February 4, 2020
Parents are significant “players” when it comes to ensuring a positive and successful music lesson experience for children. Music is a gift that can be enjoyed for a lifetime! Discover practical ways to create a desire to learn in your young (twelve and under) child.
Suzanne Greer currently serves on the faculty of the MacPhail Center for Music in Minneapolis, where she teaches both Suzuki and traditional piano lessons. She received performance degrees from St. Olaf College and the University of Minnesota, as well as the certificate in piano pedagogy from the University of St. Thomas. She was awarded the Robert Schmitt Professional Development Grant from the Minnesota Music Teachers Association (MMTA) and in 2017, was awarded a Top Music Teacher Award by Steinway and Sons. She has served as President of MMTA, the Minneapolis Music Teachers Forum, and the Suzuki Piano Teachers Guild. Currently, she serves as a Certification Commissioner for the Music Teachers National Association.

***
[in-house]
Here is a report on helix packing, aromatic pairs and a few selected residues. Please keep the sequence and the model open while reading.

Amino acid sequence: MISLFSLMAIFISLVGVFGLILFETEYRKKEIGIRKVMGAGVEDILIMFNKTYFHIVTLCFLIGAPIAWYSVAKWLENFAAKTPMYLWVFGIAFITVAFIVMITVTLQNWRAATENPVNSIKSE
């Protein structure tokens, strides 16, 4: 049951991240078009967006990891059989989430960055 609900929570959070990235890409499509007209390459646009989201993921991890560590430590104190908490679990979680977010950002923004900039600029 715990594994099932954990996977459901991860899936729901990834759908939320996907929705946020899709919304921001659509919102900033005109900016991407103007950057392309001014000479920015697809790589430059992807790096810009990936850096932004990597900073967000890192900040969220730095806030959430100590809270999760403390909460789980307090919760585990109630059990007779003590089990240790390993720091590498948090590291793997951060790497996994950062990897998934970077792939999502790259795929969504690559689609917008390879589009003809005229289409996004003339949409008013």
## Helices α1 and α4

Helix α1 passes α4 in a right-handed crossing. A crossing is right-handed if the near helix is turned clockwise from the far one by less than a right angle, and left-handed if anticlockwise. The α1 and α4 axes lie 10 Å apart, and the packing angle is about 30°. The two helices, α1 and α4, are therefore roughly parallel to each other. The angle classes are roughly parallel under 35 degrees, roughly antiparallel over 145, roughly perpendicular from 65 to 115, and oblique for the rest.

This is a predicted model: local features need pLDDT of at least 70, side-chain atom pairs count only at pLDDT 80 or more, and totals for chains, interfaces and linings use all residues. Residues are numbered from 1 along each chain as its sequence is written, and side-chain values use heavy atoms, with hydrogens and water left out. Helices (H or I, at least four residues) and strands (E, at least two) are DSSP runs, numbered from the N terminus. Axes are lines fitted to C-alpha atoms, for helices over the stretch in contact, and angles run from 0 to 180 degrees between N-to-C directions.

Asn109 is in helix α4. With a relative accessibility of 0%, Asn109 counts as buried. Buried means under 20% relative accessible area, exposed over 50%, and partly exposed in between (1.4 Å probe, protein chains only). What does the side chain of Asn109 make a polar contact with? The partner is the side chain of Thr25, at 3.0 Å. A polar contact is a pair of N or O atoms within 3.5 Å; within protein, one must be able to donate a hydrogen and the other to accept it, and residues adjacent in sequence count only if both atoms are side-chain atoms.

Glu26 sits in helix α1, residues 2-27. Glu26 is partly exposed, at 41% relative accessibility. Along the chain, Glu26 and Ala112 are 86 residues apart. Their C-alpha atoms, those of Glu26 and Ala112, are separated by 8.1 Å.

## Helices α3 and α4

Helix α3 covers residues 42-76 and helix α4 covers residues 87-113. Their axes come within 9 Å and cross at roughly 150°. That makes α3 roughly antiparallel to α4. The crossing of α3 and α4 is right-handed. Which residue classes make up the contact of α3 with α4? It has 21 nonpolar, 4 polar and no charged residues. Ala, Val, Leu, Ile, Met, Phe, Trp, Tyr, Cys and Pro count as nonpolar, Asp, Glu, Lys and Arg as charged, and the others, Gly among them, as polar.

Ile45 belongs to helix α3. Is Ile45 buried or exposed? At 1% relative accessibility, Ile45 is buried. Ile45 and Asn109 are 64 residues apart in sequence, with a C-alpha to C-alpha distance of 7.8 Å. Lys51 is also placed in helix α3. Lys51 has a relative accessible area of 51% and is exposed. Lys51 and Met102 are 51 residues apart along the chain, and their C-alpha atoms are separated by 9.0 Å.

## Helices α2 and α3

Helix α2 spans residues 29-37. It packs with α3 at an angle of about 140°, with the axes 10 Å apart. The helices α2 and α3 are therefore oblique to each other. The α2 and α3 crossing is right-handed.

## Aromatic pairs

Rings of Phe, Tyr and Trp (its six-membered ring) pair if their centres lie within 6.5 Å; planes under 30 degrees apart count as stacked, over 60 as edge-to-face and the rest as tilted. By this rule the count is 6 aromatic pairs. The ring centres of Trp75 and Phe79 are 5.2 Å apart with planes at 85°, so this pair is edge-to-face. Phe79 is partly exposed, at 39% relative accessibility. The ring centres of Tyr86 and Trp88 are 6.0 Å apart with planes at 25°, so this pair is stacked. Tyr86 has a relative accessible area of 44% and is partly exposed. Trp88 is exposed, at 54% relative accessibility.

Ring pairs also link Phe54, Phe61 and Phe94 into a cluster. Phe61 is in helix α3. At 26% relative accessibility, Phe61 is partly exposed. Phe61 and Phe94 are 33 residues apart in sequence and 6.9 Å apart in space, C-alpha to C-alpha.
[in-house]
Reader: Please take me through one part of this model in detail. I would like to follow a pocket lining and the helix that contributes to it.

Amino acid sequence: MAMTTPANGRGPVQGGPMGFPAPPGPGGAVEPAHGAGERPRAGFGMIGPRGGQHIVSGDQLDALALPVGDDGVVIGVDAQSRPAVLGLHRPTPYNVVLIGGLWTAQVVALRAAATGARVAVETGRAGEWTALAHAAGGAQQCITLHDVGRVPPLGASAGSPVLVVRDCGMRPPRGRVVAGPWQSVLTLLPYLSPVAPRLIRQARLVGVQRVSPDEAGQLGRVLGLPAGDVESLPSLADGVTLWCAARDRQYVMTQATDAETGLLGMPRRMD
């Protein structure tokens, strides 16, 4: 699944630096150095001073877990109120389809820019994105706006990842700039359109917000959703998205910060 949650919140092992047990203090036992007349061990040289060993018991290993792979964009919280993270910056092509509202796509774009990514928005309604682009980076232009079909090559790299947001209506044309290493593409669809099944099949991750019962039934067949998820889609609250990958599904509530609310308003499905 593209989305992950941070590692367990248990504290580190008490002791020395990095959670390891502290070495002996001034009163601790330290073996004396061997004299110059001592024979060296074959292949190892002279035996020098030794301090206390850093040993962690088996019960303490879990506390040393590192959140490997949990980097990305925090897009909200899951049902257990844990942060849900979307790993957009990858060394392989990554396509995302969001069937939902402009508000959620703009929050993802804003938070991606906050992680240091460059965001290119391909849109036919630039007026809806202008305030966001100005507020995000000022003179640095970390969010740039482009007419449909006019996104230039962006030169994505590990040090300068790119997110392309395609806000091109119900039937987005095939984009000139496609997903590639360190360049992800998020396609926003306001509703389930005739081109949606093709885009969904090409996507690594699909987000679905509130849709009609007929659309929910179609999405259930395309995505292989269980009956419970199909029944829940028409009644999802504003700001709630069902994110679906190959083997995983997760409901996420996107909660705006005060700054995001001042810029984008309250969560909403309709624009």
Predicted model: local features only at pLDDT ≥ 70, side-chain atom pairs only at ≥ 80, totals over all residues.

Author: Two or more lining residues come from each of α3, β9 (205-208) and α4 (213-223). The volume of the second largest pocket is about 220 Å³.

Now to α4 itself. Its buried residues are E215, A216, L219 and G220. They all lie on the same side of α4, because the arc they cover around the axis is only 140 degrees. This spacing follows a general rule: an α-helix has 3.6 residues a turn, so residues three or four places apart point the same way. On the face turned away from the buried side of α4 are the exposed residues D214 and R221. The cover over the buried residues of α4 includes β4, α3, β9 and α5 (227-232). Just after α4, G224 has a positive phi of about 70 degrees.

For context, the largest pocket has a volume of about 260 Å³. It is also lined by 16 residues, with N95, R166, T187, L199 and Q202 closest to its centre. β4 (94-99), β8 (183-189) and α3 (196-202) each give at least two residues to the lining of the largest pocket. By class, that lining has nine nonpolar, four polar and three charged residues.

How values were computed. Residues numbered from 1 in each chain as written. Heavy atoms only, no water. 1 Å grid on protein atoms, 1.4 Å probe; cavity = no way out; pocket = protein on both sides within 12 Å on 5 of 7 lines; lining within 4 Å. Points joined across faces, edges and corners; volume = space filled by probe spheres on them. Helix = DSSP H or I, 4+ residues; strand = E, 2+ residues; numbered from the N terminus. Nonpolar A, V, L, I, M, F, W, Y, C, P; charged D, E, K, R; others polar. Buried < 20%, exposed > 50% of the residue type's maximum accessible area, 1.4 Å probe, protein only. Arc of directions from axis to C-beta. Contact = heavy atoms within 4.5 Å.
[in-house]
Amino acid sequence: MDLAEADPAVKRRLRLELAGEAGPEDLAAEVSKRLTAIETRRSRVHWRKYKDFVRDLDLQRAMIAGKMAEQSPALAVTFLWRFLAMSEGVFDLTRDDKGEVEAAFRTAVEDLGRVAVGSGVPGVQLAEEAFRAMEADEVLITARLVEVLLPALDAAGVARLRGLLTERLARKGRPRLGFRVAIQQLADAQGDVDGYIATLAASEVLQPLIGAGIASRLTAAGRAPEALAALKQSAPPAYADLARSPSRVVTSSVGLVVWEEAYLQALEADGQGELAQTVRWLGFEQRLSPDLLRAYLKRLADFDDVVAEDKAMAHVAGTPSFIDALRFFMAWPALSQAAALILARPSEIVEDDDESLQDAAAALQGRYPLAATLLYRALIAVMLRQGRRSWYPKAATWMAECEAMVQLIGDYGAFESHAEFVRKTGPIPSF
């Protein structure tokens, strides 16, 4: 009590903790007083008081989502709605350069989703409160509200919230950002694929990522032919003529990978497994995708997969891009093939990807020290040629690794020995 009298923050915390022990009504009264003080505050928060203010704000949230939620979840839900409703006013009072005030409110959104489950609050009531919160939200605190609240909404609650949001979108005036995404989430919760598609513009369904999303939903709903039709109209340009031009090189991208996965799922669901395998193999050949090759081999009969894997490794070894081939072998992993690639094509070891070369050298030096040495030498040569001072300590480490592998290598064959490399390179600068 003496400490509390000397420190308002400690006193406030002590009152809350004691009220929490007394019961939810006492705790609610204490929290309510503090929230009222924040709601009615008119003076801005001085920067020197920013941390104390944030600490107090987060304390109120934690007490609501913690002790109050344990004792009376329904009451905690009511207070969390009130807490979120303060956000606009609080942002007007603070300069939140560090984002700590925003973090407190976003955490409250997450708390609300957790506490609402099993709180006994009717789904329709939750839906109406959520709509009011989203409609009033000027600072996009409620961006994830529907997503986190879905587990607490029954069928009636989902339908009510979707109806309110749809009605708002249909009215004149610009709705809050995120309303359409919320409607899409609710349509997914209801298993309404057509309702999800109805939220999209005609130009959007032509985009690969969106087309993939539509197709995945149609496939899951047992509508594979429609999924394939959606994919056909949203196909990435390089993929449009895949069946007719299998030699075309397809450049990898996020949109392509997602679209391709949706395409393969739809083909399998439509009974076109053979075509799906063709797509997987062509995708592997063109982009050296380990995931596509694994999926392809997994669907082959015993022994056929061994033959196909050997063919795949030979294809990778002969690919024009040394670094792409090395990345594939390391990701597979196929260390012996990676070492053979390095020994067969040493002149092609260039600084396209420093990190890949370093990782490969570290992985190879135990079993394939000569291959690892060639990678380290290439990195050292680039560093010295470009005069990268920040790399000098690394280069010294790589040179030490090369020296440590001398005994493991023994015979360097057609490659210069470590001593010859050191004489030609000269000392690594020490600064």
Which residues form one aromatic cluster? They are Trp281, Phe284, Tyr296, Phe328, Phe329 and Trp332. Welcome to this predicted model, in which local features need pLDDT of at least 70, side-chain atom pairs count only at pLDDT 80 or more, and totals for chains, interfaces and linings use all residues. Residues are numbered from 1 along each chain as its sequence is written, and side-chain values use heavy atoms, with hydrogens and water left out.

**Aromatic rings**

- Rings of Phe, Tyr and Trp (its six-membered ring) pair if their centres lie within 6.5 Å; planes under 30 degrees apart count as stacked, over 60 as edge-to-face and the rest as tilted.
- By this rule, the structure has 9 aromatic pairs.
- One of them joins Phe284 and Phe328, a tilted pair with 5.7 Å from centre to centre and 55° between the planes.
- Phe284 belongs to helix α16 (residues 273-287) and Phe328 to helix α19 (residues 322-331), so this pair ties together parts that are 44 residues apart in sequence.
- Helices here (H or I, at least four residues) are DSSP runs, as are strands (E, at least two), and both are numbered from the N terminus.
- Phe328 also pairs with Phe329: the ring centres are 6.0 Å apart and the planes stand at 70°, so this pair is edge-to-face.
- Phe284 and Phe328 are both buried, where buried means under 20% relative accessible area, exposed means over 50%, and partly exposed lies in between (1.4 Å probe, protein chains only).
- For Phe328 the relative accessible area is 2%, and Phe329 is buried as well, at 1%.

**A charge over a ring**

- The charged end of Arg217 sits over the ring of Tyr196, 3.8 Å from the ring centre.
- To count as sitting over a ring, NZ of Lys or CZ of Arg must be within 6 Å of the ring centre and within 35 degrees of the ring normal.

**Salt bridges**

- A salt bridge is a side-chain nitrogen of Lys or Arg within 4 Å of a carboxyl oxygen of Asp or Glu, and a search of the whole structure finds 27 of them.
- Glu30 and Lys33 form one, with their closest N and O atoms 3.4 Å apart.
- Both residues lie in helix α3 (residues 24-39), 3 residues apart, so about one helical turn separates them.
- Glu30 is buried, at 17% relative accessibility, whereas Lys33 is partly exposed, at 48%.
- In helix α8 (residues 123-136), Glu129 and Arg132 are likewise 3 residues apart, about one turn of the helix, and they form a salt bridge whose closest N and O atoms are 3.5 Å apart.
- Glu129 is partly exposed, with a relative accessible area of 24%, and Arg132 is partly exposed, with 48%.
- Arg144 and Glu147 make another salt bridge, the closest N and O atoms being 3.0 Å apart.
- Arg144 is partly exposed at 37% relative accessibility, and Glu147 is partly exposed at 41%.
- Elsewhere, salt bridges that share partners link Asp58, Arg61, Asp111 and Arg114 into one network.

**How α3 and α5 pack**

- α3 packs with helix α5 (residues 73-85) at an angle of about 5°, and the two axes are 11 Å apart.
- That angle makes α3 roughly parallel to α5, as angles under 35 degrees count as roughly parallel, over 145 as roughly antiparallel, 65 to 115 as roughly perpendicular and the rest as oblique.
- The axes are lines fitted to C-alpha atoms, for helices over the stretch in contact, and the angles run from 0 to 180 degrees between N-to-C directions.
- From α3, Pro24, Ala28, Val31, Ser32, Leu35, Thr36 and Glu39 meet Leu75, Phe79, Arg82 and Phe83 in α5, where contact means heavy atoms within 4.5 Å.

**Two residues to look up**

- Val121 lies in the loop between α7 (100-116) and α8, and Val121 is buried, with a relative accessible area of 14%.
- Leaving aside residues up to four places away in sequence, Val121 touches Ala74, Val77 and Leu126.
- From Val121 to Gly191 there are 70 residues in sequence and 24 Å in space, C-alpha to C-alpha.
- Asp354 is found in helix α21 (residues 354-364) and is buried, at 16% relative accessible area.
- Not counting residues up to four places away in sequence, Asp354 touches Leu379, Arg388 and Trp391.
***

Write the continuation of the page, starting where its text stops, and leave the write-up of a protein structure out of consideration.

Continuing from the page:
- Overarching themes:
- Demonstrate the value you place on music education.
- Ensure practice time happens.
- Keep the lines of communication open with your child’s teacher.
- Practical tips include:
- Take your child to live concerts.
- Let your child know you enjoy their playing.
- Use incentives.
- Help your child develop the habit of daily practice (ideally at the same time every day).
- Teach your child to follow assignment notes (from the teacher) during their daily practice time.